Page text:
Seth Siegelaub in his home on April 19, 2012. Photo: Arthur Ou.


LIKE MANY PEOPLE, we came to know Seth Siegelaub through his curatorial work in the 1960s with artists Carl Andre, Robert Barry, Lawrence Weiner, Sol LeWitt, and Joseph Kosuth, among others. However, his contributions to the art world have a wider impact than a single generation of artists.

While the era of the late ’60s represents only a small fraction of Siegelaub’s polymathic life, we were drawn to his work in this period because of his innovative use of the catalogue as the sole framework for an exhibition. That is to say not a catalogue for an exhibition, an ancillary publication tied to the presentation of work in a physical space, but rather the catalogue as the exhibition in and of itself, one that could be distributed beyond cultural centers and sold cheaply. These were exhibitions that found their way out into the world; they didn’t just wait around for the world to find its way to the gallery. In this approach one can see Siegelaub’s early attempts at not only dematerializing the art object but also democratizing the art world, a mission he returned to throughout his life.

Siegelaub’s focus on the publication as an exhibition space dovetailed nicely with others who, following the paperback revolution, looked toward the book as a new or alternative venue for the exhibition of works of art. Siegelaub, along with Dick Higgins and Something Else Press, George Maciunas, Ed Ruscha, Hansjorg Mayer (to name just a few) helped to give rise to the medium of artists’ book as we know and celebrate it today.

When we sat down to determine a name for a new organization devoted to publishing artists’ books, we decided on Primary Information after Siegelaub’s use of the term (in reference to the shift from the book's role as primary information rather than secondary information). In 2008, shortly after the organization was minted and our first few publications were in the world, we reached out to him to ask if we could reprint his “The Artist’s Reserved Rights Transfer and Sales Agreement” online in preparation for Primary Information’s participation in “That was then . . . this is now” at MoMA PS1.

Siegelaub readily agreed and we began a larger conversation about the role of the online publication. Siegelaub was frequently invited to revisit his projects from the ’60s and ’70s, but was uninterested in memorializing his past accomplishments. Many publishers (including Primary Information) requested permission to reprint his books in physical form, but he said no, recognizing that the format of those projects didn’t fit the time. He told us quite frankly that he didn’t believe in books anymore, and he regularly chided us for putting too much emphasis on the paper-bound book, that is to say for engaging in old-fashioned publishing.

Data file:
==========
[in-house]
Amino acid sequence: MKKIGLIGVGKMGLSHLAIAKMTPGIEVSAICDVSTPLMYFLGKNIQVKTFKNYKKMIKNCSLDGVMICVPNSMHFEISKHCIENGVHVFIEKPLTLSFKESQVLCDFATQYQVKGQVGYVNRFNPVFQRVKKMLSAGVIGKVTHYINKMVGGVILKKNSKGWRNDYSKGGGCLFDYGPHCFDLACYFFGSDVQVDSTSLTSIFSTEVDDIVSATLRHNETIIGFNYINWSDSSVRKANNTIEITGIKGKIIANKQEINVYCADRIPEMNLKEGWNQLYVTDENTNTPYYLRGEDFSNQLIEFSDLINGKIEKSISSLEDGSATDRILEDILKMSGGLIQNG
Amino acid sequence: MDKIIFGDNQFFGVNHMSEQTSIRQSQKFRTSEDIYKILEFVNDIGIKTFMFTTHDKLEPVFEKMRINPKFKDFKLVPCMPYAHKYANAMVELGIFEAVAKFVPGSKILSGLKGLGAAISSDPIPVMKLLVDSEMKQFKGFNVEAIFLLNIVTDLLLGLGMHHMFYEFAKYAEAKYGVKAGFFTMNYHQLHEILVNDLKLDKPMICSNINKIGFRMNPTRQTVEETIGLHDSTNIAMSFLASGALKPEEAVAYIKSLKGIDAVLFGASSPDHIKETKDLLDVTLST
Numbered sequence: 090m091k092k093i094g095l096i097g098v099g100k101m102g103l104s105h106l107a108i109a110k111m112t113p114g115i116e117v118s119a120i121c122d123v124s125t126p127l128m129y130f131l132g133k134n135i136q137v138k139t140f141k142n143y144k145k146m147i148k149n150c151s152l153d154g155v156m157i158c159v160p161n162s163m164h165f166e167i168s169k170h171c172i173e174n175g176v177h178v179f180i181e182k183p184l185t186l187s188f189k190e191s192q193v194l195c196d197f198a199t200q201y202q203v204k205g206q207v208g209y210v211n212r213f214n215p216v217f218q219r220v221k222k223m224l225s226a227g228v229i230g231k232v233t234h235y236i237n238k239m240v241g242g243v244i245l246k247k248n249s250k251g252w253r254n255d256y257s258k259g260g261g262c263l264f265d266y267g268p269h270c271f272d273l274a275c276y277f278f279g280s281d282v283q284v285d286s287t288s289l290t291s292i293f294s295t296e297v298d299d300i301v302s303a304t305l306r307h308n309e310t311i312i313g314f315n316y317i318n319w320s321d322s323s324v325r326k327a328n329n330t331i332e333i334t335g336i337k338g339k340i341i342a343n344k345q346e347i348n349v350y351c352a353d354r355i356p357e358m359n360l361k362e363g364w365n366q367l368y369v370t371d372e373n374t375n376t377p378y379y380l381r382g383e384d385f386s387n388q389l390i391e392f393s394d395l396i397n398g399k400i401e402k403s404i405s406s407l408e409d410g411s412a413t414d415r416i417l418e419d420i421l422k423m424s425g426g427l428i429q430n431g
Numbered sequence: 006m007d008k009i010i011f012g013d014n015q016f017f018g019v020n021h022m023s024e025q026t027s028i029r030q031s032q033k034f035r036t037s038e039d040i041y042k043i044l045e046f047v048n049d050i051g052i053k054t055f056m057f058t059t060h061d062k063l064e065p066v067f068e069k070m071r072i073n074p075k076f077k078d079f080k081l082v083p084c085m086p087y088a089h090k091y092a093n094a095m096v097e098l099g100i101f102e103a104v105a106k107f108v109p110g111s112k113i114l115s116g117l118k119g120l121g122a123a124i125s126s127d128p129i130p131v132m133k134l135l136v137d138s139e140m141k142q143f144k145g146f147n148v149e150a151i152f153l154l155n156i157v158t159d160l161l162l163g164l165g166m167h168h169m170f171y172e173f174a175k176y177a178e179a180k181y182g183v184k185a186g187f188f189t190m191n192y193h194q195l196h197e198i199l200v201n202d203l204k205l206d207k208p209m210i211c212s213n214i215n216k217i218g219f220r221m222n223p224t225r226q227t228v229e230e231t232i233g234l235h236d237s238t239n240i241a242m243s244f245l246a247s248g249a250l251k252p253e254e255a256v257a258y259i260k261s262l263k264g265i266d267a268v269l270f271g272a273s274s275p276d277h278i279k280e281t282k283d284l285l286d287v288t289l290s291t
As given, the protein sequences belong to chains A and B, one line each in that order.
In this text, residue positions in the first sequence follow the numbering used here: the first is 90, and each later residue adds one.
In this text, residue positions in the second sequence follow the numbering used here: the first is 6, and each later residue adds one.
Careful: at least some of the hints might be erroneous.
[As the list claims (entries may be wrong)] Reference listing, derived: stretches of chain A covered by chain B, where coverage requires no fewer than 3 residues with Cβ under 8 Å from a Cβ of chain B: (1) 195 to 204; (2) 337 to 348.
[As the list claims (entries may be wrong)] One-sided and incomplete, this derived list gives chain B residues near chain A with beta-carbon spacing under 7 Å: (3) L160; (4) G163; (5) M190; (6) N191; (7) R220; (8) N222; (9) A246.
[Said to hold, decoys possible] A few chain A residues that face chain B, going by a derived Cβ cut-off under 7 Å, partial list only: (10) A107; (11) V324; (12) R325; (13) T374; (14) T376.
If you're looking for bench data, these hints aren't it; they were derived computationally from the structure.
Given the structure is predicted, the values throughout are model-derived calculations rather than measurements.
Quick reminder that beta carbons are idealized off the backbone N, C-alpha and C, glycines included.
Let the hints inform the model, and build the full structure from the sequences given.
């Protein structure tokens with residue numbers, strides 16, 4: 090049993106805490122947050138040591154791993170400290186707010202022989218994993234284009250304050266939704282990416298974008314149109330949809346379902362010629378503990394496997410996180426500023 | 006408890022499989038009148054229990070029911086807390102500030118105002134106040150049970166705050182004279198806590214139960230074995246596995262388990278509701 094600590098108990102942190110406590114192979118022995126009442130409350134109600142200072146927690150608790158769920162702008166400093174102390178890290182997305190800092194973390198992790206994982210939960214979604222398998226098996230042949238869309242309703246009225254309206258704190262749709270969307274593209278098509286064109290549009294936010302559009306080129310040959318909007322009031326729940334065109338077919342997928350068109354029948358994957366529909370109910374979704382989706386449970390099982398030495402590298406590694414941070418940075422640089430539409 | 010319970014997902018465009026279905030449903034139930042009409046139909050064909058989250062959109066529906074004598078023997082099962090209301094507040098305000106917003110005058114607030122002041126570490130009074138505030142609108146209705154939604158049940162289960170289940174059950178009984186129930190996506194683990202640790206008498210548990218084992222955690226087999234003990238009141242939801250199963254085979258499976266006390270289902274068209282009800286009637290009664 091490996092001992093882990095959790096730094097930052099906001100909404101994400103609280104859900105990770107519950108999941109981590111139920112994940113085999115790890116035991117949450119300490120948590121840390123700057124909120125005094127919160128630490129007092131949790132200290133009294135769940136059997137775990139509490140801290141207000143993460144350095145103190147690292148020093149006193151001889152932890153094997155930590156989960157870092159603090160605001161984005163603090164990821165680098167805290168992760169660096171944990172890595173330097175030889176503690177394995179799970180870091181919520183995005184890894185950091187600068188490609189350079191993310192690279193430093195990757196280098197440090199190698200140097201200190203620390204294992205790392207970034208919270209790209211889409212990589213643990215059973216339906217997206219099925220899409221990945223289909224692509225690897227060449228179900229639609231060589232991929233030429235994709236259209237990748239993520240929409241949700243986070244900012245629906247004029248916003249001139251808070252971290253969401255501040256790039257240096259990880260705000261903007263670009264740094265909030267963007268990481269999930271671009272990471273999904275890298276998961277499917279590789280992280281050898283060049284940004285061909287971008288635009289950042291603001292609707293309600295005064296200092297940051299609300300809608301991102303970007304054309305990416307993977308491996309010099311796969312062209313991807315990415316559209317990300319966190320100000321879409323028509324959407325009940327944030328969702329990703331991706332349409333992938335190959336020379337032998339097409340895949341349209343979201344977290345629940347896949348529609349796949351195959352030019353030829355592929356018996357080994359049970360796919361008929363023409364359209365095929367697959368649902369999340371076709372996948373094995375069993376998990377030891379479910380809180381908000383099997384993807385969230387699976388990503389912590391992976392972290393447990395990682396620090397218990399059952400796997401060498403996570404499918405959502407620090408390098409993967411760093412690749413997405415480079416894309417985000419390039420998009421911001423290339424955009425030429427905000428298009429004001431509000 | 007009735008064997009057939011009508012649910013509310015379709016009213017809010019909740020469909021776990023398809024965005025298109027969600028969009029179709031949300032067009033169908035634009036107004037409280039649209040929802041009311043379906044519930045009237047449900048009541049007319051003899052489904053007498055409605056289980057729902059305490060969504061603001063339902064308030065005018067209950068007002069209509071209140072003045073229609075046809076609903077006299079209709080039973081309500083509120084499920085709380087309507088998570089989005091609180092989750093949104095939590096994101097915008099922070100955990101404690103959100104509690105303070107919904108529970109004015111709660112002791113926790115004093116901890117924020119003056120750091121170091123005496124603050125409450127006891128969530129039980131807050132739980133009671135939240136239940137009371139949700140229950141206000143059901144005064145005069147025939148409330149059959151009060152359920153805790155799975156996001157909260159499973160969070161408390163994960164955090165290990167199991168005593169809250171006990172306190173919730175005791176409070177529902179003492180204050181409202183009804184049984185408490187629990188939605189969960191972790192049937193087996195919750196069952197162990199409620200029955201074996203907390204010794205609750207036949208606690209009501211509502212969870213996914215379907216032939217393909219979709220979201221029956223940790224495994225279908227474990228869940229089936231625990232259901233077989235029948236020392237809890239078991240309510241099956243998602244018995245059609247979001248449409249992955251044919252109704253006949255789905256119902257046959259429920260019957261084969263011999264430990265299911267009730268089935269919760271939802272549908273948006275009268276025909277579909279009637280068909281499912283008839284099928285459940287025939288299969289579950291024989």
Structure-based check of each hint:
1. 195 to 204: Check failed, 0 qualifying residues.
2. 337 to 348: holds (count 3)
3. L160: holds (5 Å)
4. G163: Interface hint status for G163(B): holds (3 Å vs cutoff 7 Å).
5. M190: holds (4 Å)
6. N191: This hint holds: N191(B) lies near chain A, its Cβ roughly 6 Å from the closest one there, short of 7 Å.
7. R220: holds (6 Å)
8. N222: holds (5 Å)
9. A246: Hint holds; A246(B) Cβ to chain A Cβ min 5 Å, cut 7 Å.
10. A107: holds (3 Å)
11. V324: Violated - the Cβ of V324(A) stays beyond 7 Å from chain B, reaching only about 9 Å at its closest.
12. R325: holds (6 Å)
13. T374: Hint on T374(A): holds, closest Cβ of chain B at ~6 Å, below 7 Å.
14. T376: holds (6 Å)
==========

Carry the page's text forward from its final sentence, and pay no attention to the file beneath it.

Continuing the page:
There was a great deal of interest in our publication of Artist’s Reserved Rights, and Siegelaub saw there was an online audience that wanted to understand his projects. Unrestricted access to his books was in line with his desire to reconcile his political interests with his involvement with art. In the fall of 2008, he gave us a matching grant devoted to publishing works online, including many of those now classic titles of his from the late ’60s. This grant came through the Stichting Egress Foundation, which he founded to centralize his diverse interests in art, politics, textiles, and physics. In its final years, the foundation began funding projects in these areas.

The statement on his website gives insight into his warm approach:

We are pleased to consider requests and applications for grants from people and groups involved with critical research projects in our three areas of interest, especially “unprofitable” projects centered on archives, documentation, bibliographic, and “open access” online database issues. In general we prefer slow, patient, ongoing, critical but quiet projects as opposed to noisy ones. Normally we only offer matching grants. Note we do not provide grants for art exhibitions or artist’s projects.

Concerned about the limitations of possessing his own collection of art and textiles, he created a resource for younger people interested in a complete history or his diverse interests. Siegelaub considered archiving to be one of the most radical activities that he could contribute to a changed art world, and he saw the Internet as a way to democratize and disseminate these archives, much like his approach to books.

In addition to the previously mentioned financial support, he also gave us practical advice that we will always hold dear—never hold a meeting over brunch (because your eggs will get cold while talking) and don’t spend too much time on books and work. He insisted that we use part of the money from his small grant to have a nice dinner and a relaxing night out. In a community that now encourages art workers to work constantly and always with a professionalism very different than his time of protest, this stipulation came as quite a shock. Perhaps what stays with us more than anything was the spirit with which Siegelaub carried out his work and lived his life—though he worked tirelessly and made a big impression on the subjects and fields he delved into, it’s hard to imagine him without a smile on his face.

Primary Information was formed in New York in 2006 by James Hoff and Miriam Katzeff.

Carl Andre, Dan Graham, and Liz Kotz’s reflections on Siegelaub appear in the December 2013 issue of Artforum.